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Easton Rivera
Easton Rivera

Continuing Care Retirement Communities



En español Continuing care retirement communities, also known as CCRCs or life plan communities, are a long-term care option for older people who want to stay in the same place through different phases of the aging process.




Continuing Care Retirement Communities


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LeadingAge, a nationwide organization of nonprofit and government aging-services providers, recommends that prospective residents ask these 10 key questions when considering a continuing care retirement community.


Once residents move in, they pay monthly maintenance or service fees. Other continuing care communities operate on a rental model with no up-front fee. The average monthly charge across both types of communities in the third quarter of 2021 was $3,555, and rents typically rise about 2 percent a year, NIC says.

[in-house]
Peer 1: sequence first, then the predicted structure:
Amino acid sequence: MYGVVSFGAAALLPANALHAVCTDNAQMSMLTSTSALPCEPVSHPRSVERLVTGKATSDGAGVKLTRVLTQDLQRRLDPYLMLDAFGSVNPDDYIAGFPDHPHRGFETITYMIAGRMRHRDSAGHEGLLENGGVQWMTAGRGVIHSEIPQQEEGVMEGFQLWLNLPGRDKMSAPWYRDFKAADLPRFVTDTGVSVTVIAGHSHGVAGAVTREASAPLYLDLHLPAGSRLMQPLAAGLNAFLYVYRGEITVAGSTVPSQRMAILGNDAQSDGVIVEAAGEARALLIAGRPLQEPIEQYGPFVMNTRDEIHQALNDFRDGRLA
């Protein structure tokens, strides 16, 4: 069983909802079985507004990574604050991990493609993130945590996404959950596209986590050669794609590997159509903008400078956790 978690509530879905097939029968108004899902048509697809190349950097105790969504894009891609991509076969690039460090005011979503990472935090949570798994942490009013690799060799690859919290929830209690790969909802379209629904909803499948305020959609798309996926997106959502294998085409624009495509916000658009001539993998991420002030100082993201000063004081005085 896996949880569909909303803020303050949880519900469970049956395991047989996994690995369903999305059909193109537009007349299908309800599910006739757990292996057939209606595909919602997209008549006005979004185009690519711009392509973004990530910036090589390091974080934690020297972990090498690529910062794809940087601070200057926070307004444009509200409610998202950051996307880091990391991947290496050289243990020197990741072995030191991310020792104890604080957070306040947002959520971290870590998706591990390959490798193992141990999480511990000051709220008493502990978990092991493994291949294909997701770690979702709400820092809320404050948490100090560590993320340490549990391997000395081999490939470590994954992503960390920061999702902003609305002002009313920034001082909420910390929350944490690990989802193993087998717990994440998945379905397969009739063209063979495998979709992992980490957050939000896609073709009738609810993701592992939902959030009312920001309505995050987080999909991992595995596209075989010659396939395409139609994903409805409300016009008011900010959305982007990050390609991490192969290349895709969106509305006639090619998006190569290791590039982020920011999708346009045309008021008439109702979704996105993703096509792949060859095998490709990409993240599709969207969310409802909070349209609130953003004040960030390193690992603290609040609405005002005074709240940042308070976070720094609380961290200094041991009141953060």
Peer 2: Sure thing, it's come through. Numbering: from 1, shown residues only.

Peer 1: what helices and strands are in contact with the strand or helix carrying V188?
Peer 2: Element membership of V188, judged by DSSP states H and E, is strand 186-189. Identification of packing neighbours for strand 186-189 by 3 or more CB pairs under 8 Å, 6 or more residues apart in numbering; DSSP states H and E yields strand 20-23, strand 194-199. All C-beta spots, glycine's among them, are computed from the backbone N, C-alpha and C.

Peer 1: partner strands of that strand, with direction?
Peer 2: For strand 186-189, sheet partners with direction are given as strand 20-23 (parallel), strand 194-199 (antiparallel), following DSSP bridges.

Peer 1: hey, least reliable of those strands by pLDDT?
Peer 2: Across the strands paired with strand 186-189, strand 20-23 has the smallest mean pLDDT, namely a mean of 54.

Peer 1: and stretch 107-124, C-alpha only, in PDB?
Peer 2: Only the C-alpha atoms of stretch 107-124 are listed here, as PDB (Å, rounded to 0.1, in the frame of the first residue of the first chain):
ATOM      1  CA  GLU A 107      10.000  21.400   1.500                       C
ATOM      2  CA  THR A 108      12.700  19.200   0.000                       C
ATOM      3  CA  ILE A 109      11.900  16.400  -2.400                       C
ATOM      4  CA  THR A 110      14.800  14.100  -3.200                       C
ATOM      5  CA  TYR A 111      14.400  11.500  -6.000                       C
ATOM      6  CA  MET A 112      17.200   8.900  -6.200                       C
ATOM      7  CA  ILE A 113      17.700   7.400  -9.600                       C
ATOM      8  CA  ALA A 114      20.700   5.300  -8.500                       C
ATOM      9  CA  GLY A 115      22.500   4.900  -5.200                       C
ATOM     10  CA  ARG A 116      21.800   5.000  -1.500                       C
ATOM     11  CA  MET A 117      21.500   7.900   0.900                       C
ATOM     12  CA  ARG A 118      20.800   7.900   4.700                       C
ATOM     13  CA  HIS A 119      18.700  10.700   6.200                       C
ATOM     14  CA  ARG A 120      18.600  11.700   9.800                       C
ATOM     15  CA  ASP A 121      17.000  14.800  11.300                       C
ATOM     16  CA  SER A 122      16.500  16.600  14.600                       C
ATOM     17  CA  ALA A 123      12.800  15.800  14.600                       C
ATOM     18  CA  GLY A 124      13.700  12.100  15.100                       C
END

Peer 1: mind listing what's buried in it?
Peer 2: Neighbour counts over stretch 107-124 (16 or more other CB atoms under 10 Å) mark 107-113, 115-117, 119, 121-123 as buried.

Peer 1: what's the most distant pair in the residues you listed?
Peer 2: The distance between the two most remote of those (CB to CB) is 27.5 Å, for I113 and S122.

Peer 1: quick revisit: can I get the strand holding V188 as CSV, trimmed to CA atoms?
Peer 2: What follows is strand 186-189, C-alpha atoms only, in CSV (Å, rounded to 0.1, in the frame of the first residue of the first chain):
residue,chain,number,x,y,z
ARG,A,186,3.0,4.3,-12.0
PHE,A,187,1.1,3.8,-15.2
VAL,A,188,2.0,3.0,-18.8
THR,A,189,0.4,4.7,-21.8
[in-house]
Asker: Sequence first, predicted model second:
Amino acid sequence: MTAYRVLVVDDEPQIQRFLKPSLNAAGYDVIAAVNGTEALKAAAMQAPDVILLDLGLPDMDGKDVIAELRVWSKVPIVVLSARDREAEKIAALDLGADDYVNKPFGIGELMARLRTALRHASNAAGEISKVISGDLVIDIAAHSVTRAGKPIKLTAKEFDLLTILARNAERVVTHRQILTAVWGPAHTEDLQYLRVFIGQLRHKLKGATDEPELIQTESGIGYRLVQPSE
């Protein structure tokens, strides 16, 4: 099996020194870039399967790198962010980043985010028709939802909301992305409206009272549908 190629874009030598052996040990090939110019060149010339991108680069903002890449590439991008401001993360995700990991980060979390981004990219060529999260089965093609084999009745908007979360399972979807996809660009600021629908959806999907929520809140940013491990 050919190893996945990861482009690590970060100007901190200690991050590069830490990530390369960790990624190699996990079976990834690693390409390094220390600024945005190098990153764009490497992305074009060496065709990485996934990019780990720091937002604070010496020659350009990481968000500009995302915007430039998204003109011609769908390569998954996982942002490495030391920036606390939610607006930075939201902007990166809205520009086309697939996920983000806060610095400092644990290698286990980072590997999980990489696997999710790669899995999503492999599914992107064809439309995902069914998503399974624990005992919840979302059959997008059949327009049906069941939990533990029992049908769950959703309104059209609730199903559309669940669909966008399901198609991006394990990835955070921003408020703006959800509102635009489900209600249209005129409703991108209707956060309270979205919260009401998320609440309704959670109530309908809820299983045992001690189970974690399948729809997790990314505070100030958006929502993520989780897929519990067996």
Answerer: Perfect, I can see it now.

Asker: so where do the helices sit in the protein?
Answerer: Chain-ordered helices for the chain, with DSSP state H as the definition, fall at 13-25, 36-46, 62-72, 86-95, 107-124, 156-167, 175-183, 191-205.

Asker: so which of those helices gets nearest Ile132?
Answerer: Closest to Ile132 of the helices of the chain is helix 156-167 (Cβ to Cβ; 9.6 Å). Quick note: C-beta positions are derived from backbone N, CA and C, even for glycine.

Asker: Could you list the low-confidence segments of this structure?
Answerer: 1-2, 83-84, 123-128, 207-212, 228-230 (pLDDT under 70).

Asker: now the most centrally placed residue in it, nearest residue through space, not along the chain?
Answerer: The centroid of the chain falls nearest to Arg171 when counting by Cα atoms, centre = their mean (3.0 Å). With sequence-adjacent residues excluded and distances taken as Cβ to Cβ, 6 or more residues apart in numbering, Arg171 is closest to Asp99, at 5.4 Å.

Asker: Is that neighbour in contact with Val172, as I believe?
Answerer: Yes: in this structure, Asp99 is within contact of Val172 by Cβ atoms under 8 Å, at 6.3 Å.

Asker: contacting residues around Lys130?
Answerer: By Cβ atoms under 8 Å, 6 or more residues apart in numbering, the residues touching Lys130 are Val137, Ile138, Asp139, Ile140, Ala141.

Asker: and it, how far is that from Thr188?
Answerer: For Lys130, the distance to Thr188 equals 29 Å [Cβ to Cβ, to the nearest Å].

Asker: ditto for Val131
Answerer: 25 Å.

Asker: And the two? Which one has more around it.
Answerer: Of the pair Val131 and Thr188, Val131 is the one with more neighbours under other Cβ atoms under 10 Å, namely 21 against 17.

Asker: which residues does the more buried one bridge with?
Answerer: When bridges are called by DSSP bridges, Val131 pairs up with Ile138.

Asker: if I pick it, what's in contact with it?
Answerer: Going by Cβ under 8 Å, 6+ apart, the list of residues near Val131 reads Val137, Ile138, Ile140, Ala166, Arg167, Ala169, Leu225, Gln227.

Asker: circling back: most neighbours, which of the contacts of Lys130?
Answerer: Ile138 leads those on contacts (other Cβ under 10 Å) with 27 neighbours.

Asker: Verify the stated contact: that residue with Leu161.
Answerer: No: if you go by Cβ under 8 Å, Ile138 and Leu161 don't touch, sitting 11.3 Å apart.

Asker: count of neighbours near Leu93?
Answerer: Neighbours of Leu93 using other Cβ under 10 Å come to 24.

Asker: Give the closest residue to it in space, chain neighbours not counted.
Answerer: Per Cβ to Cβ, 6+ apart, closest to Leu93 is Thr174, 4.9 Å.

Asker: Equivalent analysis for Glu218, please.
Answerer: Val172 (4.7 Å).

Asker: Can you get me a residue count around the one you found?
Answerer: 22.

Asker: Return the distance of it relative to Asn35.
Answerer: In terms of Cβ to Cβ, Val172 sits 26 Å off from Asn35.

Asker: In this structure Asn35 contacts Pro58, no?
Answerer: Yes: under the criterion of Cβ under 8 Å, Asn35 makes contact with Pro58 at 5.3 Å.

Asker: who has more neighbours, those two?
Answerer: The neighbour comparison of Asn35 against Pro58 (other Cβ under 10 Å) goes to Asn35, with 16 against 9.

CCRCs tend to have higher occupancy than standalone independent living, assisted living and nursing care communities and have seen less of a decline during the pandemic, according to NIC data. CCRC occupancy rates dipped from 91.5 percent in the first quarter of 2020 to 84.3 percent a year later, but had inched back up to 85.4 percent by October 2021.


Some facilities also offer a rental contract, Type D; and an equity agreement to purchase a share of your unit in lieu of an entry fee, Type E. Continuing care retirement community contracts are notoriously complex, so whichever type you get, run it by a lawyer before signing.


Continuing care retirement communities(CCRCs) and fee-for-service continuing care retirement communities(FFSCCRCs) are residential alternatives for adults that offer, under one contract, an independent living unit (an apartment or cottage), residential amenities and access to a continuum of long term care services, as residents' health and social needs change over time. Residential and health care services include: